LE MAGAZINE

Woman doing yoga with reduced hunger signals through hibiscus flower extracts

Curb Hunger and Burn Fat

Lemon verbena combined with hibiscus flowers can reduce hunger signals and promote satiety. In a clinical trial these two plant extracts decreased hunger by 56.4% and decreased weight by 5.4%.

Scientifically reviewed by: Dr. Gary Gonzalez, MD, in October 2021. Written by: Marsha McCulloch, MS, RD.

Foods apart of diets people go on for losing weight

Many people want to lose weight to look and feel better.1,2

Shedding extra pounds also supports healthier aging.

Excess body weight is associated with an increased risk of heart disease, type II diabetes, and several types of cancer.

Sleep apnea, osteoarthritis, and high blood pressure are directly related to surplus body mass.3,4

Research shows that losing as little as 5% of body weight can provide health benefits.5

Hibiscus flower and lemon verbena leaves that can reduce hunger signals

The wrong kind of dieting causes biological changes that can make it challenging to lose weight, including an increase in hunger hormones.6

But it doesn’t have to be so difficult.

Researchers have identified a blend of extracts from lemon verbena leaf and hibiscus flower that can reduce hunger signals and promote satiety (a feeling of fullness).7-10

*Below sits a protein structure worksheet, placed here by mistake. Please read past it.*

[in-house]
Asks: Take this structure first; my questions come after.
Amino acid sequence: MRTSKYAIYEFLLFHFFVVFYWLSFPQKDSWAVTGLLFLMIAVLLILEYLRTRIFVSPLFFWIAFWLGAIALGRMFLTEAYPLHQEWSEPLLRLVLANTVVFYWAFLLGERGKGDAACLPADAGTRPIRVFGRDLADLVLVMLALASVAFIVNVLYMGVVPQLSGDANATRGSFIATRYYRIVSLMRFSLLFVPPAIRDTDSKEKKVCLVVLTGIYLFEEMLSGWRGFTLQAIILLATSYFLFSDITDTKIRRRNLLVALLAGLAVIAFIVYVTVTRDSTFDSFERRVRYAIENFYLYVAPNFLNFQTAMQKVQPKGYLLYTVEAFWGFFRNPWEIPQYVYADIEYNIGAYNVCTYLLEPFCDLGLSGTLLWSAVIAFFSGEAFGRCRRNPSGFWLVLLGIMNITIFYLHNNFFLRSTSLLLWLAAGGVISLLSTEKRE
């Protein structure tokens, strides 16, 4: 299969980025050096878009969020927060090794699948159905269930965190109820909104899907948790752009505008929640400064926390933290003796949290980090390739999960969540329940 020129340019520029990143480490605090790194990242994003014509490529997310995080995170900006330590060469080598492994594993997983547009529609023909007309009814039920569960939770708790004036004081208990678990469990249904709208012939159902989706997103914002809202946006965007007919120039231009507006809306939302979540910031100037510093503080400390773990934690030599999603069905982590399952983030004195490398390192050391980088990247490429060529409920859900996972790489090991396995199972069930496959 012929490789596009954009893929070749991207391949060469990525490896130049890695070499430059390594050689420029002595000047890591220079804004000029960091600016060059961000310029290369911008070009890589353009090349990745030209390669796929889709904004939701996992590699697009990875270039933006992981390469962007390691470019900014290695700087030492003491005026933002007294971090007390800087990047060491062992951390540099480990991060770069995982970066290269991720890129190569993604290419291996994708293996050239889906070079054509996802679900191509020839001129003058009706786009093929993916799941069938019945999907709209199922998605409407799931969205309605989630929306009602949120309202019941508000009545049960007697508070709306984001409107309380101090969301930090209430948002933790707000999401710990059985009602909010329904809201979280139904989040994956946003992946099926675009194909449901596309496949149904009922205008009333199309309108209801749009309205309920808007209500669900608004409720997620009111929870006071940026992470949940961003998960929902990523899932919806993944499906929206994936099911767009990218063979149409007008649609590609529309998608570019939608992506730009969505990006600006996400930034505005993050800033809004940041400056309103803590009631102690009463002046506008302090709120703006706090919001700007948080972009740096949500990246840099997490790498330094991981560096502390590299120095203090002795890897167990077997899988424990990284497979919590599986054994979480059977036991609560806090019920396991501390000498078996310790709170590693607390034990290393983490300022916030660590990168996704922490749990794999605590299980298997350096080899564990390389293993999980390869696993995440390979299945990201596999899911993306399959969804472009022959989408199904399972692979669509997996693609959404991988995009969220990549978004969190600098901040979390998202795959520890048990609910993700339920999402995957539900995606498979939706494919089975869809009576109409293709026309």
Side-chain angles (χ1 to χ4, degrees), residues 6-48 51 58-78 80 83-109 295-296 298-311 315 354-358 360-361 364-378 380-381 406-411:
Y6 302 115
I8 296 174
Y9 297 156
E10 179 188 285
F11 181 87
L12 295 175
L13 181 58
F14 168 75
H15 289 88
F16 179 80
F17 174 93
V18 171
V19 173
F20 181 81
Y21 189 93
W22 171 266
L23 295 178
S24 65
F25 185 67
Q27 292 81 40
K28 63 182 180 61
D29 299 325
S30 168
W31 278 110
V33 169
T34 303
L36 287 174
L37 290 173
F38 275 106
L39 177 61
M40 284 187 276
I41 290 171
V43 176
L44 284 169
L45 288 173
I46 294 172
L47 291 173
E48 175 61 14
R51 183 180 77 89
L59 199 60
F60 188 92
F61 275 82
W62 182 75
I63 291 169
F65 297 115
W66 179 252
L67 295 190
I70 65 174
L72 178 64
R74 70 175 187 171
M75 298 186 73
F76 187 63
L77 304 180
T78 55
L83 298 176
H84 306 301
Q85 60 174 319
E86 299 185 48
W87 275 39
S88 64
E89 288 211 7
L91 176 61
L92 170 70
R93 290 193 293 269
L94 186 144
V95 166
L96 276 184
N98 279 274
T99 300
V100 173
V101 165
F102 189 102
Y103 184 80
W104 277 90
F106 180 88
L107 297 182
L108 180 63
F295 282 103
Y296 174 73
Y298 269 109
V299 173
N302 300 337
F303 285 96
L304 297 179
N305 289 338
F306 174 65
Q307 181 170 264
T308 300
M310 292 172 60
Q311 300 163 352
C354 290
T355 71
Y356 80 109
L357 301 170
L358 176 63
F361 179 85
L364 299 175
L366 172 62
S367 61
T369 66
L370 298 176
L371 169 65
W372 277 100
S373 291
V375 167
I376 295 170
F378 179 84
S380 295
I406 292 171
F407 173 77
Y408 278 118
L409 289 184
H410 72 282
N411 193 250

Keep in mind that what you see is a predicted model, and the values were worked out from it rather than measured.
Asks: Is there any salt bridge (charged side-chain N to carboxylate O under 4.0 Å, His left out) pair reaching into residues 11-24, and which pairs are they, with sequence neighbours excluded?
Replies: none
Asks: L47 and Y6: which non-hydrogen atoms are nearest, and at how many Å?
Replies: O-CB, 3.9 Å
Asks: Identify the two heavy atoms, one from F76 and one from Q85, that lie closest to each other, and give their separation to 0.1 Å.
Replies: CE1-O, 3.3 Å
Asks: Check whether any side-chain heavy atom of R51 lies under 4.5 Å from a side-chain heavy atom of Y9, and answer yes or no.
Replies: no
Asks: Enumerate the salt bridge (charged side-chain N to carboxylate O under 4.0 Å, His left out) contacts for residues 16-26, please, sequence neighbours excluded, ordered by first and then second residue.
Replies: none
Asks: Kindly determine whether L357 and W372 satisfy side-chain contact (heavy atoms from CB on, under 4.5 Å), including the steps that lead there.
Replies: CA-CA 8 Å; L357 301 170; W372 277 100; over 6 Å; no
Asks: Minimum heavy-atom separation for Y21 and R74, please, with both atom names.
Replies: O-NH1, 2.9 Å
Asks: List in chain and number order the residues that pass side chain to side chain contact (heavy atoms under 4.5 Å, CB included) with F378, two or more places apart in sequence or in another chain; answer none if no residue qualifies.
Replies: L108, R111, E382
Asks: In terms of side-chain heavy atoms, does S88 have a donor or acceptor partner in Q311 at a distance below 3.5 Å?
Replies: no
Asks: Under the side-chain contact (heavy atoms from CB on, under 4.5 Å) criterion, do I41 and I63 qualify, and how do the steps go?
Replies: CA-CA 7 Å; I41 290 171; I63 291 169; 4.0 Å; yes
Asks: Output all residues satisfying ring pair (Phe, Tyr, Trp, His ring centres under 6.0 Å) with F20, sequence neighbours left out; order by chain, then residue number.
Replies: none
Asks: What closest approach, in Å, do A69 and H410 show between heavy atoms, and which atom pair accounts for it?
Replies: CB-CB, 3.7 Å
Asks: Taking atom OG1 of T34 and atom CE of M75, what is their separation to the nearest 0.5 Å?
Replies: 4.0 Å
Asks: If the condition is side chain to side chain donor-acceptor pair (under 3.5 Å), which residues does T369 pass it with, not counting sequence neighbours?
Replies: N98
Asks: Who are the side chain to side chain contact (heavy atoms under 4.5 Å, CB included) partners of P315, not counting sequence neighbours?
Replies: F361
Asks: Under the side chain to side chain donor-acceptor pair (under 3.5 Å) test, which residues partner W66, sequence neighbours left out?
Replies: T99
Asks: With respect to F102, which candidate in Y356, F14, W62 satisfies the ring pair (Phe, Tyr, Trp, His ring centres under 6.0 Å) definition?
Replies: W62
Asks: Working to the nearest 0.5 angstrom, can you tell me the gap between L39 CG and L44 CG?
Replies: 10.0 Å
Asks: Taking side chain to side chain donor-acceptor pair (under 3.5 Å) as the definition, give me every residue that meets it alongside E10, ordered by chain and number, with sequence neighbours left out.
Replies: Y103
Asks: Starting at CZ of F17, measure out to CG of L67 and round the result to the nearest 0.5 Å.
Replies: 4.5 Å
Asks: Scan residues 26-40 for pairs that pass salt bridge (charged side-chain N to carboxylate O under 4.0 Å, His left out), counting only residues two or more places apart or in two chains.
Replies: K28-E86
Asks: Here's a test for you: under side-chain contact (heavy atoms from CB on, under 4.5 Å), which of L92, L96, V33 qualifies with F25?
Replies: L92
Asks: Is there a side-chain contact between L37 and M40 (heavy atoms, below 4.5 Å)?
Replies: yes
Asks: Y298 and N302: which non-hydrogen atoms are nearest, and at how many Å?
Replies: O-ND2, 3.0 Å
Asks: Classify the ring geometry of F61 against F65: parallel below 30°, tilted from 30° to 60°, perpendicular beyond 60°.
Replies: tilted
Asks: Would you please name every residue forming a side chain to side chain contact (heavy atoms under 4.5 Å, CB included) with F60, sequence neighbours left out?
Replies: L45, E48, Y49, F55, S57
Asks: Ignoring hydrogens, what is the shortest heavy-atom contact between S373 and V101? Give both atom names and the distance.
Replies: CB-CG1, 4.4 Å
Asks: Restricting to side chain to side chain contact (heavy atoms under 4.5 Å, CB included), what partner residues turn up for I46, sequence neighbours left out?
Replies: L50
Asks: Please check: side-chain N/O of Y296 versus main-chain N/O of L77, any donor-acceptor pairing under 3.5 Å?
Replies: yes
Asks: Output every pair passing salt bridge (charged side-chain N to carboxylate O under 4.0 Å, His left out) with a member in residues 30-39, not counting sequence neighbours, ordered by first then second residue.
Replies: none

Two clinical trials have shown that these extracts can almost double the amount of weight loss compared to a placebo, when used in conjunction with a healthy diet and exercise.7,8

To improve compliance and support healthy weight loss, a lifestyle app has been developed that further facilitates losing weight with these extracts. Over 85% of the app users taking the supplement reduced their body weight, losing an average of 12.6 pounds in three months.11

Why Weight Loss Is So Hard

Shedding pounds is rarely easy.

Dieting causes changes in metabolism and appetite-related hormones that can make it harder to lose weight and keep it off.6

For example, weight loss leads to a rise in circulating ghrelin, a hunger hormone that increases appetite.12

Weight loss also causes the body to secrete less glucagon-like peptide-1 (GLP-1), a hormone that increases satiety.

Furthermore, a decrease in body weight reduces resting energy expenditure, or what we commonly refer to as metabolic rate.6

Lemon Verbena and Hibiscus

Senior woman drinking tea made of lemon verbena for decreased triglycerides

Hibiscus is known for a bright red herbal tea made from its flower.

Lemon verbena is an herb beloved for its lemony aroma and flavor.

Both plants are rich in polyphenols that can help promote weight loss—without the unwanted side effects of drugs.7,13,14

In a preclinical cell study, hibiscus extract was shown to significantly inhibit the creation of new fat cells. It also reduced the accumulation of triglycerides in fat cells.15

When excess triglycerides build up in fat cells, it leads to oxidative stress. That can trigger the inflammation that promotes diseases associated with obesity.16

In the cell study, hibiscus extract led to a 30% reduction in the generation of damaging reactive oxygen species.15

Preclinical research has shown that lemon verbena extract can decrease triglyceride accumulation in fat cells.17

Triglycerides are the most common type of fat in your body. They come from foods like butter, oils, other fats and glucose-boosting foods (starches) and sugary beverages.

Triglycerides not needed for energy production circulate in the blood and are stored in our cells as fat.

Curbing Appetite